It's hard to believe that armor made just on the other side of the mountain is being used to protect U.S. troops around the world from bombs, bullets and even AK 47 rifles, but that's just what BAE Systems has been doing for 13 years.
BAE Systems has been in Phoenix, tucked right up against South Mountain, for years. The private company makes protective gear like hard armor plates, parachutes, aviation survivability equipment and even seats for Army vehicles and sells all these items to the U.S. government to protect troops all over the world.
The company has three factories in the U.S. that make just protective equipment. Other factories around the world make things like tanks, fighter jets and other military needs.
"We call ourselves a small company caught inside a big one," said Gregory Kraak, director of war fighter equipment for the company. "BAE Systems is this goliath and then we've got this little small piece that outfits the troops."
The Phoenix location pioneered the small arms protective insert in 1998. Troops wear four plates inside a vest. The total weight is about 20 pounds and combined with all the other gear troops are wearing it can seem like a lot, but the weight is worth it knowing the plate can stop fragments of a bomb, small pellet rounds and even a bullet from an AK 47.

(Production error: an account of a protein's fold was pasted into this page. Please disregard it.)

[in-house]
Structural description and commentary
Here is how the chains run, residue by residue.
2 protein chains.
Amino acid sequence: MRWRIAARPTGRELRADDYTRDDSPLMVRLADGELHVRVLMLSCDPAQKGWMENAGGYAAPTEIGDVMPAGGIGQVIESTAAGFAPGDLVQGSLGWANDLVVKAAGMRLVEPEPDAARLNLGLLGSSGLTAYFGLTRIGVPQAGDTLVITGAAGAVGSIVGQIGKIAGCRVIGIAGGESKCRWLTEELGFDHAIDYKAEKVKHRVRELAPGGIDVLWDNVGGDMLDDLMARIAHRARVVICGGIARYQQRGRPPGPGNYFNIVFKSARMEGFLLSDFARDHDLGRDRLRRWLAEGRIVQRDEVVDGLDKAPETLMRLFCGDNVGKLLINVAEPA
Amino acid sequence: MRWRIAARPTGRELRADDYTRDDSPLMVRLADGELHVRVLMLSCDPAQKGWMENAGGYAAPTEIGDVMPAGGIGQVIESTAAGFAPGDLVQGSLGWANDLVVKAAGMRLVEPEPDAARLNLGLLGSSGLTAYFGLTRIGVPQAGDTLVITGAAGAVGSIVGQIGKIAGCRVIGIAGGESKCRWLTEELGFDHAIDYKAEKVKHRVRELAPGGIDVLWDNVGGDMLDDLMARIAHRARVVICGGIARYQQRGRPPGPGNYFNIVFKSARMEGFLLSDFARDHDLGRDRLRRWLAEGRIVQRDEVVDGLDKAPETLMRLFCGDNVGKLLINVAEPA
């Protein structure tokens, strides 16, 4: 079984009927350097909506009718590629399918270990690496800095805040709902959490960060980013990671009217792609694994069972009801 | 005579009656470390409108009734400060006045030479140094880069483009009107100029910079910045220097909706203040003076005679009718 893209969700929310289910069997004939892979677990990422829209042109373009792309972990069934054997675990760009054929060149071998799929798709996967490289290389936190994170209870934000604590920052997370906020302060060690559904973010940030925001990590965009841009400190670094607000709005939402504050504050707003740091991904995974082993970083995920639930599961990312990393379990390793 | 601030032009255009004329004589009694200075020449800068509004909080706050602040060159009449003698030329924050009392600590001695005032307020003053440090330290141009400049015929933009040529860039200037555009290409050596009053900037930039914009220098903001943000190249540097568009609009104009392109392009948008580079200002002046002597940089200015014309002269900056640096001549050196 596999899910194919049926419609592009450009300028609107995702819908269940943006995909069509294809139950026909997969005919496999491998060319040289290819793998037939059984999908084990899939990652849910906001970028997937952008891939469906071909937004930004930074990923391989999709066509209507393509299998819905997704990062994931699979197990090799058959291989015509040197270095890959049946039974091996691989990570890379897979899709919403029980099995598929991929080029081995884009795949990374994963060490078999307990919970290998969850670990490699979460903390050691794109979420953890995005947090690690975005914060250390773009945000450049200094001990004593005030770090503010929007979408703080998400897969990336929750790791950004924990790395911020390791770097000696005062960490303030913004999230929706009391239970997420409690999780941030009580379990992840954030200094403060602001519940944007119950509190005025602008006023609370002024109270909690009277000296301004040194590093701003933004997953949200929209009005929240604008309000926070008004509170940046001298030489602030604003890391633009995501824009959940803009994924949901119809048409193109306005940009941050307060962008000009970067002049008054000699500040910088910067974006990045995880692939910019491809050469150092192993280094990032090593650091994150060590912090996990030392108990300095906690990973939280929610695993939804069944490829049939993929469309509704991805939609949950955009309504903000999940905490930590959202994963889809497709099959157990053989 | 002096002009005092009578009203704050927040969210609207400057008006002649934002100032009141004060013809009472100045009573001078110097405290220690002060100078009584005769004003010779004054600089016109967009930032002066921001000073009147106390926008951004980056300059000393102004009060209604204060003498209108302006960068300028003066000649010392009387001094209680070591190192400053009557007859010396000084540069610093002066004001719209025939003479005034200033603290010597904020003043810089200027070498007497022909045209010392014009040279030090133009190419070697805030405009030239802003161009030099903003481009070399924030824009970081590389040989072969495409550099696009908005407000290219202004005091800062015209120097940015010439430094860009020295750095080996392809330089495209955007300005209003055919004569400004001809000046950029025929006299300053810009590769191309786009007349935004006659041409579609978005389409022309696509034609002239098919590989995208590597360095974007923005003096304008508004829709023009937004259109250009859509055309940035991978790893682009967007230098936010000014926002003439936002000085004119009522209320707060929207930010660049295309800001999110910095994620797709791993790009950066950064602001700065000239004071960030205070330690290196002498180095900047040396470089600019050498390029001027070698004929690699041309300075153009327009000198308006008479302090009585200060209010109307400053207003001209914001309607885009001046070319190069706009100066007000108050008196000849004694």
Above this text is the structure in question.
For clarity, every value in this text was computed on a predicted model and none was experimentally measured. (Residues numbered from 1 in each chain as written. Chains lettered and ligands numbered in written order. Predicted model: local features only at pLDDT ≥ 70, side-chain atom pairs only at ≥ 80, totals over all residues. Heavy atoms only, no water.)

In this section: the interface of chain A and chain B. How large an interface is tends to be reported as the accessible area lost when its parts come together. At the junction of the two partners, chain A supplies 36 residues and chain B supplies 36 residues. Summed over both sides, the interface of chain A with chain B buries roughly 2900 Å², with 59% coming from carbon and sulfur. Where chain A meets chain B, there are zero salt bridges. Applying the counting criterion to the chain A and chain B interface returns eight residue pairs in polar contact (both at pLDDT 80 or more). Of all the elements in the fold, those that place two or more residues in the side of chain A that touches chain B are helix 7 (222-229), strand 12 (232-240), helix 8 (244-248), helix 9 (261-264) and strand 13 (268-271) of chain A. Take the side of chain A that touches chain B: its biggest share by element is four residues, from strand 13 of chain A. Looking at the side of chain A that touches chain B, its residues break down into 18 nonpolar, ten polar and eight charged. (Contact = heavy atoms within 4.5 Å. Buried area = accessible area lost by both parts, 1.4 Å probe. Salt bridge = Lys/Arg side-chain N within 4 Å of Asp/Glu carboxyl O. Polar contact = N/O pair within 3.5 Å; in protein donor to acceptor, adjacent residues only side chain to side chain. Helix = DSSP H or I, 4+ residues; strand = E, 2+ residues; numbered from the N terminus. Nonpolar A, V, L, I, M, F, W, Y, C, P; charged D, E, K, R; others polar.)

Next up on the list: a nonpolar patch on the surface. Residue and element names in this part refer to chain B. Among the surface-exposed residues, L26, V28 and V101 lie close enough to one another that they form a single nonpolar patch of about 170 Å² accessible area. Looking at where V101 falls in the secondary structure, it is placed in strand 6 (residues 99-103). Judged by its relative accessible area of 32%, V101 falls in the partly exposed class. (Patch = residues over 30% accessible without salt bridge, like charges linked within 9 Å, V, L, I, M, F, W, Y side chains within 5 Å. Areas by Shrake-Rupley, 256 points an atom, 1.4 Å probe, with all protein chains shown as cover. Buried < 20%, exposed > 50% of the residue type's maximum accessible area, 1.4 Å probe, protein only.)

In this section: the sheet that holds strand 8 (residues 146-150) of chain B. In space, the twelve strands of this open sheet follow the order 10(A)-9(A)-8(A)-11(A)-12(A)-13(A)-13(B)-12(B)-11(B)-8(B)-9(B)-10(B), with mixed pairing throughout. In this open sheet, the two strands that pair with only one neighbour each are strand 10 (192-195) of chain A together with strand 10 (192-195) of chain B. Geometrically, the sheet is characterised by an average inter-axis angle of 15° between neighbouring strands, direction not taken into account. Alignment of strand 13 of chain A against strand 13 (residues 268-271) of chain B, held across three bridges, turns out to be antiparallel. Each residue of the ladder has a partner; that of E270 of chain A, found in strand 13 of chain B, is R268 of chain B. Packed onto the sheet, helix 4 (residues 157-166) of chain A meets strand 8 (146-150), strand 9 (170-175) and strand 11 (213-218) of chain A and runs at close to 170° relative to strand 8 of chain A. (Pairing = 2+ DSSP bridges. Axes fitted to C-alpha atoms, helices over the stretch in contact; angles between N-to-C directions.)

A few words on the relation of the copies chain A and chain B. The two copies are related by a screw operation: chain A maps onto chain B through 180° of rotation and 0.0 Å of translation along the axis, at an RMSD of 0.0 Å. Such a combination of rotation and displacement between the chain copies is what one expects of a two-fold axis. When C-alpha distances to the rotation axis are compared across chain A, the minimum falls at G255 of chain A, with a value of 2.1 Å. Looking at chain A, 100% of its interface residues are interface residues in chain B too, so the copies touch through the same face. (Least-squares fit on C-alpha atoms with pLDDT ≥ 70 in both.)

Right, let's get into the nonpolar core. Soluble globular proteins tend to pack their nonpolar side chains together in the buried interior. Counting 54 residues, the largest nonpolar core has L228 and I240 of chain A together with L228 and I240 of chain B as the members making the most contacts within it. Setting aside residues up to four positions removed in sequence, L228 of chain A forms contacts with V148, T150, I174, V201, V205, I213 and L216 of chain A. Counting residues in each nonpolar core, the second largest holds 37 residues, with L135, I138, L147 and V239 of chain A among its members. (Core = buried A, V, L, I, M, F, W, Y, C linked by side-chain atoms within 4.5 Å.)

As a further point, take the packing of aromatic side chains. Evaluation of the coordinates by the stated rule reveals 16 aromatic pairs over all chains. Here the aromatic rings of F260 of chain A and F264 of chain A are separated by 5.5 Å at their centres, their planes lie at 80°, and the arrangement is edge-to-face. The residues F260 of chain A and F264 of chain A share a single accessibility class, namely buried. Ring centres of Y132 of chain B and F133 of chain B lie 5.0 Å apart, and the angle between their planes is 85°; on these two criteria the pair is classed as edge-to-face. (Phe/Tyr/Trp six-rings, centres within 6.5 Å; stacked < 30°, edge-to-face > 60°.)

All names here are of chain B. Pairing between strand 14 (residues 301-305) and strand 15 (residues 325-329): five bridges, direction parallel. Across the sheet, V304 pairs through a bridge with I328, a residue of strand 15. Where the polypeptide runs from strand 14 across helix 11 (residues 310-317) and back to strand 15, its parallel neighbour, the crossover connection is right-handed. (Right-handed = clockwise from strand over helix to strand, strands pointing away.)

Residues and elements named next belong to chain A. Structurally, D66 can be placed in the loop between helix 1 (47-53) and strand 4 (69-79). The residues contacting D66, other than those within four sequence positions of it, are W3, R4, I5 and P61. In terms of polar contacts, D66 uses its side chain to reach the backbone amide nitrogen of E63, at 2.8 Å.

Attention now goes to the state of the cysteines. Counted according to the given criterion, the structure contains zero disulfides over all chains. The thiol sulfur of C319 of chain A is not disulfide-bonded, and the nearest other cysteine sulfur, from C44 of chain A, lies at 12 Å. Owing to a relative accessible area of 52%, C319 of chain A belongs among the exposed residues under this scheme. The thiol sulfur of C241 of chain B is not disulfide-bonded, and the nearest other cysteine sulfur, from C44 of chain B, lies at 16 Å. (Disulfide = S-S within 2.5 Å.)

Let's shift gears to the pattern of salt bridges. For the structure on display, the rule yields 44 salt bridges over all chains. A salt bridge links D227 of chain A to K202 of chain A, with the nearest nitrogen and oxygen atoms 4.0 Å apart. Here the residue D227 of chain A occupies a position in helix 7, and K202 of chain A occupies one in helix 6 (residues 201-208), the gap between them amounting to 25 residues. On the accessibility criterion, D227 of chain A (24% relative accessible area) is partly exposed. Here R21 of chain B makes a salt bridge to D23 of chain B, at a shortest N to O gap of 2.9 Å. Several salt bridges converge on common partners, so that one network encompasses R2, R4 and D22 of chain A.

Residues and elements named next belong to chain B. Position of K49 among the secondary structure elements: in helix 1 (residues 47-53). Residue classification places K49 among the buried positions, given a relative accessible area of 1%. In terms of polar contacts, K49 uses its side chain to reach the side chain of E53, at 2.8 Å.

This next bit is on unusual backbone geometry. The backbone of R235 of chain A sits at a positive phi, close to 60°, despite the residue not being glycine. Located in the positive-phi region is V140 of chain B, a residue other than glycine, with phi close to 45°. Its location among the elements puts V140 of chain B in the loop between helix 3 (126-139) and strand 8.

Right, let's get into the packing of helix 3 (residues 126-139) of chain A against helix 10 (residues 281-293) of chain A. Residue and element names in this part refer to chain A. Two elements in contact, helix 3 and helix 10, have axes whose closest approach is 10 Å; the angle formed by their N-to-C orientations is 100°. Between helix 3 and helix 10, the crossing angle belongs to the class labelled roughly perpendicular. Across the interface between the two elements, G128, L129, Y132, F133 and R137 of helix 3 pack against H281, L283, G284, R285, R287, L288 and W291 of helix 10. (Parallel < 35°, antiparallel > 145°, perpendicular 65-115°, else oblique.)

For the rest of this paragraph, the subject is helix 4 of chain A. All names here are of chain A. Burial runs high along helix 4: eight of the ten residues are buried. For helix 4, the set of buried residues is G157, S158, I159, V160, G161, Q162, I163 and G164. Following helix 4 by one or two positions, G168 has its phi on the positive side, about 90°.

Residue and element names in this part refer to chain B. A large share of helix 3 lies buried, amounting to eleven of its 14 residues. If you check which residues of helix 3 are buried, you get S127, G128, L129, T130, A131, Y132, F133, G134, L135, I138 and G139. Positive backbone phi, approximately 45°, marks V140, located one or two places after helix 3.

Last week, the company celebrated its first million SAPI plates produced in Phoenix.
"Essentially, if each soldier wears four plates we have protected a quarter of a million American fighters," Kraak said. "That makes you feel pretty good, the fact that you're providing that."
BAE Systems had a ceremony March 24 at its location to thank employees for the wonderful work they've done. Congressman Ed Pastor and Col. William E. Cole of the U.S. Army spoke at the event, as well as Joe Coltman, vice president of BAE protective systems.
Cole said his department actually has a team that goes to soldiers who have been injured to see how well their equipment had protected them and if it needed to be changed.
"I'm happy to report that our armor works," he said. "These plates work exactly like they're designed to work. We've never had a case where a soldier was hurt or killed because of failure of a plate to stop a threat for which it was designed to stop. We've had many happy cases of soldiers who have had their lives saved thanks to this equipment."
Coltman told the crowd that the number of inserts produced by the company could fill up the University of Phoenix Stadium almost five times.
Pastor added that while this was significant, it was more meaningful when considering the lives saved.
"You can measure a million hard armor inserts and celebrate it but it would be very difficult to determine how many lives these inserts have saved and in many cases mitigated extensive damage to the men and women who are now serving our country overseas," he said.
BAE Systems in Phoenix employs more than 575 personnel. Over the years the company has designed 15 different hard armor plates for U.S. troops.
"You've got an organization here that's really providing a service to our great war fighters and you probably didn't even realize it was being done," Kraak said. "It's really a celebration of the fact that we're able to do this and contribute and protect these folks who protect us."
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